Kearney also granted injunctions prohibiting state actors from treating female low risk inmates significantly different than male low risk inmates under the Equal Protection Clause  and to stop Pennsylvania from interfering with the ongoing construction of the Scudder Falls Bridge in Bucks County under the Compact Clause.
In 2016, the court of appeals designated Kearney to hear over 70 cases in the Western District of Pennsylvania and in 2017, over 50 cases in the District of Delaware. Kearney has held businesses accountable for not being licensed to collect debt from a borrower under the Pennsylvania Consumer Credit Code and reviewed false advertisement claims against the Morgan and Morgan law firm's legal marketing strategy allegedly confusing Pennsylvanians as to who would be litigating on their behalf. He received national press complimenting his "model" handling of the antitrust case brought by Rockfon against Armstrong World Industries in the District of Delaware.
He held the Pennsylvania Supreme Court's Gallagher v. Geico decision is retroactive, allowing relief to insureds denied stacking benefits in their insurance policy. He also found a Fifth Amendment right not to be forced to reveal confidential telephone passcodes for investigatory purposes.
In the wake of the #MeToo era, Kearney denied a University's motion to dismiss a male professor's erroneous outcome claims based on anti-male bias. In a physical and emotional assault lawsuit brought by a porn star, Kearney denied reality star Josh Duggar's motion to compel Danica Dillion's disclosures.
In criminal cases, Judge Kearney dismissed an indictment against two men because the prosecutors and agents waited too long to bring them to trial even though they knew where to find them for years before unsealing the indictment.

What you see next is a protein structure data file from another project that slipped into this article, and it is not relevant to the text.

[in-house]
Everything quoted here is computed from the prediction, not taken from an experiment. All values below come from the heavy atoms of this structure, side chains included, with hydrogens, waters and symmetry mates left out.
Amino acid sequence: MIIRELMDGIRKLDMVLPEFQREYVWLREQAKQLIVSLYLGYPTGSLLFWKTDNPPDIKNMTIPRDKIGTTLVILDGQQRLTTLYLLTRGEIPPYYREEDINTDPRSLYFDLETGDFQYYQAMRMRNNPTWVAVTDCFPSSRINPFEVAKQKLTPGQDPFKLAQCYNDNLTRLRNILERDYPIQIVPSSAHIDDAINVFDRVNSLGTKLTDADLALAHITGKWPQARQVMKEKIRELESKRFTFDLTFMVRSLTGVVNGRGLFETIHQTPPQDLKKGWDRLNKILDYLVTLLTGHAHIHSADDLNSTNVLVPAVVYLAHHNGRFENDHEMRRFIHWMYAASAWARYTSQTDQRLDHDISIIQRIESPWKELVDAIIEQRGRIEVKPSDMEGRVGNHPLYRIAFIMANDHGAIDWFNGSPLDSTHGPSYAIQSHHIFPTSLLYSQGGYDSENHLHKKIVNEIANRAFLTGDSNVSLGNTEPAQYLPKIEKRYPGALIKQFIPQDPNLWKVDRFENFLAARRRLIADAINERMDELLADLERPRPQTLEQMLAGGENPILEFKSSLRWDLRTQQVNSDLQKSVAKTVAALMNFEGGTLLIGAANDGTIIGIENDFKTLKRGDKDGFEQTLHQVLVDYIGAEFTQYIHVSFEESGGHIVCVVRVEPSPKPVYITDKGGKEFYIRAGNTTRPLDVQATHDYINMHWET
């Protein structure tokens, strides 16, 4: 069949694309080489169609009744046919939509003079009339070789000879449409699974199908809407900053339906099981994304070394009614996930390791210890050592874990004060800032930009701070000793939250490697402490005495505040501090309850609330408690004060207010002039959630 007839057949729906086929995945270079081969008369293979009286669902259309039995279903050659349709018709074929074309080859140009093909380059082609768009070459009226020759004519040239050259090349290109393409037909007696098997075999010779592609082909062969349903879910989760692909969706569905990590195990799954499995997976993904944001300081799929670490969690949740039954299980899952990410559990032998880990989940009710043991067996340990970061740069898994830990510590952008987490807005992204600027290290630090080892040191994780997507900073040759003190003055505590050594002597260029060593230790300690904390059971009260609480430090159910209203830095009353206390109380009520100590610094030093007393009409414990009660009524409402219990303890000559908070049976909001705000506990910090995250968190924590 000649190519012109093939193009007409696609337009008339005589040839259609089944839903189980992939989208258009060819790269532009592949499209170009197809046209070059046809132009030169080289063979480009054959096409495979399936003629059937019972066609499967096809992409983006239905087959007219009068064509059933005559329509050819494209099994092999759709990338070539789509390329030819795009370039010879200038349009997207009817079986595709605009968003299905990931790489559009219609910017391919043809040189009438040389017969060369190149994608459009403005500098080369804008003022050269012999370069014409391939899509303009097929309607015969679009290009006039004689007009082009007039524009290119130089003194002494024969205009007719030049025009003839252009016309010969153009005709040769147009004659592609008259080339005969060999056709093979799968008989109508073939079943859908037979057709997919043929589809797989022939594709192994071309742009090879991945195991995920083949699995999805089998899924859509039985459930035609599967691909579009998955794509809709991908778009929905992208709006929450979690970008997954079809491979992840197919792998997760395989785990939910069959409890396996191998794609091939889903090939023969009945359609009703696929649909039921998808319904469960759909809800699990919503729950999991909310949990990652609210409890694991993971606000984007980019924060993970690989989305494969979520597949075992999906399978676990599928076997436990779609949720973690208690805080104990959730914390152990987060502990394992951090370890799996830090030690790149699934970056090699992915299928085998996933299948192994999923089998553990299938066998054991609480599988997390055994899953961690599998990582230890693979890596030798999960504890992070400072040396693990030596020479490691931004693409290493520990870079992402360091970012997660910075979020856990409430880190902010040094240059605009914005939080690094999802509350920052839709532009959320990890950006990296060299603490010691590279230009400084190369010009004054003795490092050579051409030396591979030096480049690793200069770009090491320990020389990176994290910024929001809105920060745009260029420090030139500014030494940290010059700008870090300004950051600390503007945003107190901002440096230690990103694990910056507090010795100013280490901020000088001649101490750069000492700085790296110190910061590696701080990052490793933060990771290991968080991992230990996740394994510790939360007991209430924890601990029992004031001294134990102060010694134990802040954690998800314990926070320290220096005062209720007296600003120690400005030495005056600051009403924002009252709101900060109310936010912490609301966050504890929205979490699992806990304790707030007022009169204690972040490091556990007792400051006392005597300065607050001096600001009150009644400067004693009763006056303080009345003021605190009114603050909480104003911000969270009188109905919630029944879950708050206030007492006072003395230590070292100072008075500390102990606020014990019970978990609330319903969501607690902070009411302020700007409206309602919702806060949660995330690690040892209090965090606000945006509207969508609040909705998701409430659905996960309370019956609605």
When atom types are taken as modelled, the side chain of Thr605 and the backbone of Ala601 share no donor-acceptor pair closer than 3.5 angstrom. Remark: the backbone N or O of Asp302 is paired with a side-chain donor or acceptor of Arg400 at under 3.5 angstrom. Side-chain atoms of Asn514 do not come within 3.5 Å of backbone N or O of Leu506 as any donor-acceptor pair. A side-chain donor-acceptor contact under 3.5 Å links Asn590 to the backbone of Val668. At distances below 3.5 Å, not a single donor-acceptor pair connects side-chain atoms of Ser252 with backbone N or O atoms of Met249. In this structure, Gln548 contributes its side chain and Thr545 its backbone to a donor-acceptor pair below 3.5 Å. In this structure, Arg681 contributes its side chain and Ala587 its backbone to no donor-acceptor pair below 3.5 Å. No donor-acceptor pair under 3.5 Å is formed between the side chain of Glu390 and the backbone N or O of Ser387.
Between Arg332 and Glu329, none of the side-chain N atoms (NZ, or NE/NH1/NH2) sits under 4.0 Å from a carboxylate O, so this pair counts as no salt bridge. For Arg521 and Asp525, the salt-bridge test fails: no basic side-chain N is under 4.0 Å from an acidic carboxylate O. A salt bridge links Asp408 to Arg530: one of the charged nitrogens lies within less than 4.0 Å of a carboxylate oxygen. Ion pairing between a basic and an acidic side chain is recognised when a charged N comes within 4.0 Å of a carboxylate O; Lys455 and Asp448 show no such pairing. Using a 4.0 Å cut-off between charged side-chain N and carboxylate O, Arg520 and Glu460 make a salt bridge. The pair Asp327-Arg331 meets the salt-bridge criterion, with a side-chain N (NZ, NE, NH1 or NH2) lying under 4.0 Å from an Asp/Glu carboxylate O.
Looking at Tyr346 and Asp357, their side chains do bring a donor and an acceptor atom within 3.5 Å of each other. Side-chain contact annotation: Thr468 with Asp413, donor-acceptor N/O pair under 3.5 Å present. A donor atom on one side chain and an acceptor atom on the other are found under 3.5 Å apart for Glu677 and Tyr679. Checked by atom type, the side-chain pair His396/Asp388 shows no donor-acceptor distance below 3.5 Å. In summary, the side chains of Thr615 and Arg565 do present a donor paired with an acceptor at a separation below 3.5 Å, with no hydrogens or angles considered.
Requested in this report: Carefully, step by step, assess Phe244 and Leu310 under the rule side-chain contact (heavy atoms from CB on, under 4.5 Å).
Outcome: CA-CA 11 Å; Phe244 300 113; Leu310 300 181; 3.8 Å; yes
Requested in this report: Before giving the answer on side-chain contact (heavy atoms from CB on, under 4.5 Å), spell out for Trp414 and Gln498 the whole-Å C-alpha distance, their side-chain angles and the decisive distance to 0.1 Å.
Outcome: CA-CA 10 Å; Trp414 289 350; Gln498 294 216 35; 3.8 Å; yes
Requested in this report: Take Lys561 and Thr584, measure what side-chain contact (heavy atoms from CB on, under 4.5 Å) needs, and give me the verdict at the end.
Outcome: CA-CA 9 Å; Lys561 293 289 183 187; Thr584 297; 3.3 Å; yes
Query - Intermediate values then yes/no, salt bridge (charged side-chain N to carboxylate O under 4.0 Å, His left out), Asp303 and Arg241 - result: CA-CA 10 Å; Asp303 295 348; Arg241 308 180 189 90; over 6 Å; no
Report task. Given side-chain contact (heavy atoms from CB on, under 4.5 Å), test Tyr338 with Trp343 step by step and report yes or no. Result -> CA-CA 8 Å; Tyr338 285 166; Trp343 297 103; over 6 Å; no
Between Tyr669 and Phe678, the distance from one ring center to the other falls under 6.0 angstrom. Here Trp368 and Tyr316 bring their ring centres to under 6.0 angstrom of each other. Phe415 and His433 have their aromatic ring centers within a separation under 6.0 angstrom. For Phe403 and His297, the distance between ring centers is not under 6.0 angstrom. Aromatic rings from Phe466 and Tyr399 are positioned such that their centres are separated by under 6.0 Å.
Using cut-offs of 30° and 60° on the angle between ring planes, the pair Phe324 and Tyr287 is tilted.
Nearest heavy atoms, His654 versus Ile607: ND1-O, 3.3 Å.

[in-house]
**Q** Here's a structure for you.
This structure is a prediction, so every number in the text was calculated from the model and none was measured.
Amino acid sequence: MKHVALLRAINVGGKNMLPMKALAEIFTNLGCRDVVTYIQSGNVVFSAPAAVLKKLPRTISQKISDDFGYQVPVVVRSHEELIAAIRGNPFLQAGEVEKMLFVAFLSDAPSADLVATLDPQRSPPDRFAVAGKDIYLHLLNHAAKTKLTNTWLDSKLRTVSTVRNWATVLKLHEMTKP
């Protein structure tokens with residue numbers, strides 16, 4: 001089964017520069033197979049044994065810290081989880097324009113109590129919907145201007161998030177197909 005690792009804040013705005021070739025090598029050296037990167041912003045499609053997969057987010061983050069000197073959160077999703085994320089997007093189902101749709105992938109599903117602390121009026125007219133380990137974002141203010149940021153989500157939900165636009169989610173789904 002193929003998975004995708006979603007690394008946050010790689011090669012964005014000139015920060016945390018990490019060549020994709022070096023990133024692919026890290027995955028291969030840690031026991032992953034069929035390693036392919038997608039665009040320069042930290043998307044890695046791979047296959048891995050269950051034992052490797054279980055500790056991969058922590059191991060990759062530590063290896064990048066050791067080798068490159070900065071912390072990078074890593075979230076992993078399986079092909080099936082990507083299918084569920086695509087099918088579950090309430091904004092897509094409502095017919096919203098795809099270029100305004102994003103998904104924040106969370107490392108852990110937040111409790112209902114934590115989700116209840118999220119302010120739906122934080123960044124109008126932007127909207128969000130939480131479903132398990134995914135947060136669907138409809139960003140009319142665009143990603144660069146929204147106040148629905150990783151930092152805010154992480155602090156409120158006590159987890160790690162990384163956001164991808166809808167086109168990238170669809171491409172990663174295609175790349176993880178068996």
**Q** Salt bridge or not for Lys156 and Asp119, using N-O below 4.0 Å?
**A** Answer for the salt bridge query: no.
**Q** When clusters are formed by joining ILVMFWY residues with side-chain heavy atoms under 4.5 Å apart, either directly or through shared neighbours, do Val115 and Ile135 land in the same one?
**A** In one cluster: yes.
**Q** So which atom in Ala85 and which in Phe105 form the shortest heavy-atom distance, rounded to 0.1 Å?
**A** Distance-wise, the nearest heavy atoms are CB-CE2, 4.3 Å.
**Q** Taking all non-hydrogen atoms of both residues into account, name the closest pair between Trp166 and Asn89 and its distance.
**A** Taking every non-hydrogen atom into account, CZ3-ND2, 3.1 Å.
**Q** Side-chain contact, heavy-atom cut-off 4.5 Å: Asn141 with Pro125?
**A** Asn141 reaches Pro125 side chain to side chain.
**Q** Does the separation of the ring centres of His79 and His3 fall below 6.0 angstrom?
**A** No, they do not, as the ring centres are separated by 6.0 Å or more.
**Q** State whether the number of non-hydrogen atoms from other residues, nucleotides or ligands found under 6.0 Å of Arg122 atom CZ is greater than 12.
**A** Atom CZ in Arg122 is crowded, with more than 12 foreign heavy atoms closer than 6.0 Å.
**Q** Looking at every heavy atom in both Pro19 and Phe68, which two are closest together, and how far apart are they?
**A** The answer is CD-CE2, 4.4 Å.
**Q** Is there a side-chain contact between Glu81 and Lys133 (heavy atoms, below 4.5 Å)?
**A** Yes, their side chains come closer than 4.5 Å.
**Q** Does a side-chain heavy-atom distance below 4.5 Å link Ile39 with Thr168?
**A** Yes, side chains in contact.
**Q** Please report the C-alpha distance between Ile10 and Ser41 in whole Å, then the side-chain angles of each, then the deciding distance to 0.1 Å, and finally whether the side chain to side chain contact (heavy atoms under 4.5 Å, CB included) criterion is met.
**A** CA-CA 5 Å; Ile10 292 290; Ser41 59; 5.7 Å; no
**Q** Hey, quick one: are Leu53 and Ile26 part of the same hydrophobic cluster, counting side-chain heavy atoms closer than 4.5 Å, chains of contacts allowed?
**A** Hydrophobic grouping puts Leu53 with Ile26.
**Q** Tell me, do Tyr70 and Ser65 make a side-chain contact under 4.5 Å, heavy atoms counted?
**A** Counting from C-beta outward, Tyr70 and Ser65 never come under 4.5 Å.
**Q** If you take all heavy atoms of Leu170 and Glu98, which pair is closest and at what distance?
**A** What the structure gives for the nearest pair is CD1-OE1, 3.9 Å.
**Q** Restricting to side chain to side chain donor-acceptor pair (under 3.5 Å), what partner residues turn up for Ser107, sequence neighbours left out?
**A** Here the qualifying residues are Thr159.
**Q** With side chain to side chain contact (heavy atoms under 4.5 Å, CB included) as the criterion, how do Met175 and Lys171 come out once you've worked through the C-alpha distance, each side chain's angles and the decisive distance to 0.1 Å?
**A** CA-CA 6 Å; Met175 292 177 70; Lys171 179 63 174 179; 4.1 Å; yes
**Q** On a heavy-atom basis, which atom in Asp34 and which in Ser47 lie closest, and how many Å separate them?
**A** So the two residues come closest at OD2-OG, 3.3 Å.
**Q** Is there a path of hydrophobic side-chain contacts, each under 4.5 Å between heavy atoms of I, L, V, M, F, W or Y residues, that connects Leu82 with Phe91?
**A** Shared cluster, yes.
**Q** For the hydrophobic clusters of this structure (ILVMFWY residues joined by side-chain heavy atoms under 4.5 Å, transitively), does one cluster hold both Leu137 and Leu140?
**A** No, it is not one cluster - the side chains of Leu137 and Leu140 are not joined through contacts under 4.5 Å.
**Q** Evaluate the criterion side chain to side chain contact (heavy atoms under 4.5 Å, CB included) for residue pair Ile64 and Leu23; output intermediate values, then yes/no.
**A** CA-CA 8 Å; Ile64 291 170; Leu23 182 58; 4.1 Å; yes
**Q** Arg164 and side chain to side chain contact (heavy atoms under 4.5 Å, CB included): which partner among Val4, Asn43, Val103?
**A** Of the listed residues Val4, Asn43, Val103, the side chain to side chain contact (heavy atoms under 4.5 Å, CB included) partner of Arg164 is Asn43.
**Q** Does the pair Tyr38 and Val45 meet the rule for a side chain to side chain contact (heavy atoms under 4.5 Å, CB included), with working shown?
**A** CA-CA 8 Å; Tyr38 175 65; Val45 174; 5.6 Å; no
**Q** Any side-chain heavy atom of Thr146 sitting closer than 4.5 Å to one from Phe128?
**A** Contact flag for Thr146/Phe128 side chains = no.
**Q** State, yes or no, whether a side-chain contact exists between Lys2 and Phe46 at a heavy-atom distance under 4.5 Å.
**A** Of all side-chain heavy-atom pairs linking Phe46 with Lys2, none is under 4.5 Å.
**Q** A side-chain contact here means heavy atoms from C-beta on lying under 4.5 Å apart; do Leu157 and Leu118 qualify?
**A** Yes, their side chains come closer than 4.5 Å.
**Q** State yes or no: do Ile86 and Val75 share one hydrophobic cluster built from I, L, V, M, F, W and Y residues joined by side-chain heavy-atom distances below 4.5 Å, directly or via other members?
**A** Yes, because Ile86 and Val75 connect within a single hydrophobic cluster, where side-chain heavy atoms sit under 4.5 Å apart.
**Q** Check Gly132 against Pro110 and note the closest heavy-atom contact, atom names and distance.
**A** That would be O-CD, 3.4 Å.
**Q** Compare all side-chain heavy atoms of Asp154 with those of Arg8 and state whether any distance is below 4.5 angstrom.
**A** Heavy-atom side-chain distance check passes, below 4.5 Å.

In April and July 2020, Kearney found a hotel franchisor could be liable for sex trafficking in its hotels and could turn and sue downstream franchisees and abusers accused of sex trafficking in company hotels in the same case. In one of the first cases in the country, his ruling addressed respective potential liabilities of hotels, local hotel franchise owners, and traffickers under the William Wilberforce Trafficking Victims Protection Reauthorization Act of 2008.
Under the False Claims Act, Kearney held an electricians union could recover over $1,000,000 for a contractor's false billing of electricians’ work efforts on a rail project funded by the United States and later awarded approximately $1.4 million in attorney fees to the union (reducing the request) after success for over a decade of litigation.
Kearney granted an employer's motion to dismiss a claim by a former employee who also served as a U.S. Naval reservist seeking paid leave for when he left work for short voluntary military service after exploring Congress's use of “defined benefits and seniority” guaranteed under the Uniformed Services Employment and Reemployment Rights Act.